High Prison Time For Shadowcrew Culprit


Another member of the notorious Shadowcrew gang that specialized in online
fraud is heading to jail.


Chad Hatten, 36, of Houston was sentenced Tuesday to 90 months in prison, to
be followed by three years of supervised release.


U.S. District Judge Lee H. Rosenthal sentenced Hatten on four counts of
access device fraud. He was also sentenced to 24 additional months for
aggravated identity theft, which will be served consecutively with the access
device fraud counts.


According to the Department of Justice, Hatton, who admitted to being a
member of the gang, used the Shadowcrew Web site to assist with his credit
card fraud activities.

He also purchased gift cards from retail stores using
counterfeit credit cards and resold the gift cards at a discount.


In addition, Hatten was also charged with possessing equipment used to
encode counterfeit credit cards with stolen numbers.


In November, Hatten entered a plea of guilty to a five-count
superseding indictment charging him with four counts of access device fraud
and one count of aggravated identity theft.


Internetnews.com profiled the Shadowcrew activities in a September 2002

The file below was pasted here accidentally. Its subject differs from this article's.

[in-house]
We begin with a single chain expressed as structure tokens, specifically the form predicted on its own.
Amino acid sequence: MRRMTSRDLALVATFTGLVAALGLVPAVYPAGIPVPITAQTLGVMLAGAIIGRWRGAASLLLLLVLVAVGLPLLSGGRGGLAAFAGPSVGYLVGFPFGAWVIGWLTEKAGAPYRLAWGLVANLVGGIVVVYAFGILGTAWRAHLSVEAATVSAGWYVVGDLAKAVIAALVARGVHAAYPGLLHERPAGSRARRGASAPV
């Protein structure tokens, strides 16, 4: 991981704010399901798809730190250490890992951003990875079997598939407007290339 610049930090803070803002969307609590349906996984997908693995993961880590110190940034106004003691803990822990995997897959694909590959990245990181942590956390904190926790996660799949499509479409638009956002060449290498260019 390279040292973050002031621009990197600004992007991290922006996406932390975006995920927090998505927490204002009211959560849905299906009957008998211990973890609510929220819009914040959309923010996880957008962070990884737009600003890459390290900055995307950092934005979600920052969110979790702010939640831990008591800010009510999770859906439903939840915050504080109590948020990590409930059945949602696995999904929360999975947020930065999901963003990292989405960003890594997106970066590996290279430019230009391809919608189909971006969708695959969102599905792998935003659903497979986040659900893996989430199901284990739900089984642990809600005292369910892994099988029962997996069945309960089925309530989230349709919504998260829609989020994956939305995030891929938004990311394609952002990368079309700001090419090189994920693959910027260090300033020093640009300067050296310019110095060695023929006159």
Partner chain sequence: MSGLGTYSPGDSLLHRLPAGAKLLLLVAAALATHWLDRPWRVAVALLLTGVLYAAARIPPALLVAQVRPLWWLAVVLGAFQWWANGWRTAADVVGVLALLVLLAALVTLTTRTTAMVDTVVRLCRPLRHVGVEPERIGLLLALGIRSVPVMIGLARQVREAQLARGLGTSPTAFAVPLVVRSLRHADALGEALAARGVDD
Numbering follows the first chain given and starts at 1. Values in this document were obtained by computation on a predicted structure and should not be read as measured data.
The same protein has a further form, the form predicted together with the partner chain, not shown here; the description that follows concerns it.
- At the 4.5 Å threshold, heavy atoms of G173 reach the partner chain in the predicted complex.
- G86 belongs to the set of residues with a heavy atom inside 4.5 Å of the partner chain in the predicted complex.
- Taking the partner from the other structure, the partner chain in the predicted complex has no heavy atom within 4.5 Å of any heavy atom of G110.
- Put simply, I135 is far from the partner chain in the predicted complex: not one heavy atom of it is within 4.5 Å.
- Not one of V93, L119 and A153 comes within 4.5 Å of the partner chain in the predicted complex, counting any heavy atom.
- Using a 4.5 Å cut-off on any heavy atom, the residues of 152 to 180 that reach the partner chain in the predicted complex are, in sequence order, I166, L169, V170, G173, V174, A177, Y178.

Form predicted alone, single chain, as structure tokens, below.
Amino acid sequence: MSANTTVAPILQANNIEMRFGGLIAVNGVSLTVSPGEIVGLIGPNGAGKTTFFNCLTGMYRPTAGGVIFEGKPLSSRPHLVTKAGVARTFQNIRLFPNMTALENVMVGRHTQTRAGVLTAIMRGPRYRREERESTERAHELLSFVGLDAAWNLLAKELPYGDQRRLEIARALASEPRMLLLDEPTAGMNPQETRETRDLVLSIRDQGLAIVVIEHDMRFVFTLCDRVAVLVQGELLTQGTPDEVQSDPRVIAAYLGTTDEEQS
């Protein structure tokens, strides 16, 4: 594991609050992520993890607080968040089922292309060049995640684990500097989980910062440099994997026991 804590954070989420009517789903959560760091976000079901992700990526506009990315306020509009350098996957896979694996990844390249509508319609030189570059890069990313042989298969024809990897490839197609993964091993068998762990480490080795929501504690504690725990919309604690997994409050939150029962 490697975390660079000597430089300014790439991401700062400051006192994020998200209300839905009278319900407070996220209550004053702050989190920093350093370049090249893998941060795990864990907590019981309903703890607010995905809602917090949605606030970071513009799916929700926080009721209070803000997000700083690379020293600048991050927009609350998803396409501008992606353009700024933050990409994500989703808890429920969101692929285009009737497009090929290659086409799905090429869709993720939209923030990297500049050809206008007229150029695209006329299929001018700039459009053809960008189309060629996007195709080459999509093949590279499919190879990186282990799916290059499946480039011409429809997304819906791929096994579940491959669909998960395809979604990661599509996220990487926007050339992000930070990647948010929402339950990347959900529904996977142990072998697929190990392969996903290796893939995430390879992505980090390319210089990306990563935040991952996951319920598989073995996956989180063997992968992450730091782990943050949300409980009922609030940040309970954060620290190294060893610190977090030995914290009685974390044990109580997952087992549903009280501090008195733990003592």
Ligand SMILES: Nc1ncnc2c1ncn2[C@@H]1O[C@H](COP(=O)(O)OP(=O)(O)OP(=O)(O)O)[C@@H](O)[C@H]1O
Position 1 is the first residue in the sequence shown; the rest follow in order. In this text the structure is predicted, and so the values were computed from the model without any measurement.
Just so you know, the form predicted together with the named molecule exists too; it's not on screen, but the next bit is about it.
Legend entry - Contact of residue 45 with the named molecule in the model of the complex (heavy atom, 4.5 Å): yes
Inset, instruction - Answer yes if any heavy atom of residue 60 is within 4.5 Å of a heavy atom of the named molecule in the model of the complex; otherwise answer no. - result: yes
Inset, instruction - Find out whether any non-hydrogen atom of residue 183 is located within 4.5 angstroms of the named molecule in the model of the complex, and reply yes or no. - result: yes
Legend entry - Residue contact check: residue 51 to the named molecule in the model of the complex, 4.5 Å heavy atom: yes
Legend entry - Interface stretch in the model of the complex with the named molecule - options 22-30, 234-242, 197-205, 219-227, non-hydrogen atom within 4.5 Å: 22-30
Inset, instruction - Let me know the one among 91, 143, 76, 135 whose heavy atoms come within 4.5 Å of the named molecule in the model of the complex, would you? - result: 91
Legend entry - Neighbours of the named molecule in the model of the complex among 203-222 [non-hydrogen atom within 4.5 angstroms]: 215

story. Soon after that story appeared, members of Shadowcrew launched a Denial of Service attack against internetnews.com and demanded it be removed.


The story was not removed and officials of Jupitermedia contacted law
enforcement officials who opened an investigation that eventually became
known as Operation Firewall.


Two years later, U.S. Secret Service agents made 28 arrests in
eight states and six countries stemming from its investigation.


Members of the Shadowcrew bulletin board openly discussed online fraud
techniques and boasted they were safe from prosecution because they used
anonymous remailers and proxies to hide their identities.


Before Secret Service agents shut down the operation, the Shadowcrew site
trafficked in at least 1.5 million stolen credit and debit card numbers,
causing losses in excess of $4 million to the issuing institutions.

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